A new breakthrough study has found some interesting conclusions when it comes to ASD and it’s potential treatment with Cannabis. A new study, conducted by researchers from Ben-Gurion University of the Negev (BGU) and Soroka University Medical Center, considered patients with autism who are 18 years old and under. They’re findings support cannabis as a potential treatment for autism spectrum disorders as it appeared to be a well-tolerated, safe and effective option to relieve symptoms including seizures, tics, depression, restlessness, and rage attacks.
Autistic Spectrum Disorder or ASD, is an extensive developmental disorder that is expressed in almost all dimensions of the child’s development and affects communication and behavior. Although autism can be diagnosed at any age, it is said to be a “developmental disorder” because symptoms generally appear in the first two years of life. It is now common to refer to this disorder as a wide range of Pervasive Developmental Disorders (PDD) in which there are various manifestations and symptoms. Scientists all over the world are busy trying to pinpoint the exact causes of ASD, and while we still don’t know, research suggests that genes can act together with influences from the environment to affect development in ways that lead to ASD. It is still trying to be understood why some people develop ASD and others don’t, and we still are a ways off to understanding so. Until then, cannabis looks like a very promising solution to those managing ASD and their caregivers.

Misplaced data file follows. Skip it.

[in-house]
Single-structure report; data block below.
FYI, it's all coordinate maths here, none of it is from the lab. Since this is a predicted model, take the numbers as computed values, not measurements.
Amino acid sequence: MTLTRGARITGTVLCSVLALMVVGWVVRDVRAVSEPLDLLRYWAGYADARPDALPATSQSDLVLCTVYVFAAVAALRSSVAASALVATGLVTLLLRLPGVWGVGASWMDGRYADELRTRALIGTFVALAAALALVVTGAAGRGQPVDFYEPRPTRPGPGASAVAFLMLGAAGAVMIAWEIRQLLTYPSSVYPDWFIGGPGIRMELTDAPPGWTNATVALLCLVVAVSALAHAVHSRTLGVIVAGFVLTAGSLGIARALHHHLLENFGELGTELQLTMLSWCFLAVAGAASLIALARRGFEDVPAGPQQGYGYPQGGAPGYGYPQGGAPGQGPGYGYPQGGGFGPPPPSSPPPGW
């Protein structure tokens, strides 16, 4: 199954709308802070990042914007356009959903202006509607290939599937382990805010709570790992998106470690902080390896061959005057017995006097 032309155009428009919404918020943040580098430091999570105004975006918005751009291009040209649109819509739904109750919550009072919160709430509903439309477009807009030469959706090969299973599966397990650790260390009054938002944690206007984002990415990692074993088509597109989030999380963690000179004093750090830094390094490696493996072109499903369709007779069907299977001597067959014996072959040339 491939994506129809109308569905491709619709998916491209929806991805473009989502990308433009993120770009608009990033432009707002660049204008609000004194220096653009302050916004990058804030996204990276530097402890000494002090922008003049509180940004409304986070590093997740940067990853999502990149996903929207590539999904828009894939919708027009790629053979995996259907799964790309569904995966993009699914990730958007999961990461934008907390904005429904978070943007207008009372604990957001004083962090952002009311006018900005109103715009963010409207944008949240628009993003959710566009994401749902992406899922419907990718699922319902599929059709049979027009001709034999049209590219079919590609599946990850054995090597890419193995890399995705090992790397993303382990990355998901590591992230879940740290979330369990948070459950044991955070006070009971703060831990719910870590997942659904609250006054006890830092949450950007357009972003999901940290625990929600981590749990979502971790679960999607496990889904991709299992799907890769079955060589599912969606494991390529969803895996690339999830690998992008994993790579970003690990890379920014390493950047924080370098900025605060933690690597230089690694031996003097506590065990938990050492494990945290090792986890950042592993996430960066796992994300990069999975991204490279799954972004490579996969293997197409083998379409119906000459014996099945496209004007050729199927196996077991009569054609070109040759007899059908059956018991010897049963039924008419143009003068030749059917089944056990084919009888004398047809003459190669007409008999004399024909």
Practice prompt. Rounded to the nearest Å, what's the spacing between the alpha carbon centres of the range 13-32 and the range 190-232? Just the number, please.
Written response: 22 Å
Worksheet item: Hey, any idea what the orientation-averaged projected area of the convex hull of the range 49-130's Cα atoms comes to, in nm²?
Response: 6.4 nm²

The study had a pretty decent sample size of 188 individuals and considered a treatment of cannabis oil containing 30 percent cannabidiol oil (CBD) and 1.5 percent tetrahydrocannabinol (THC). Symptoms, including those mentioned above and side effects at six months were primary interests and were assessed by structured questionnaires. To put it simply, the patients were asked certain questions, and their responses recorded. After treatment time of six months, patients were asked the same questions again, the answers recorded, and both sets of answers, before and after treatment, were compared. Overall, after six months of treatment, 30 percent of patients reported a significant improvement, 53.7 percent reported moderate improvement, and only 15 percent had slight or no change.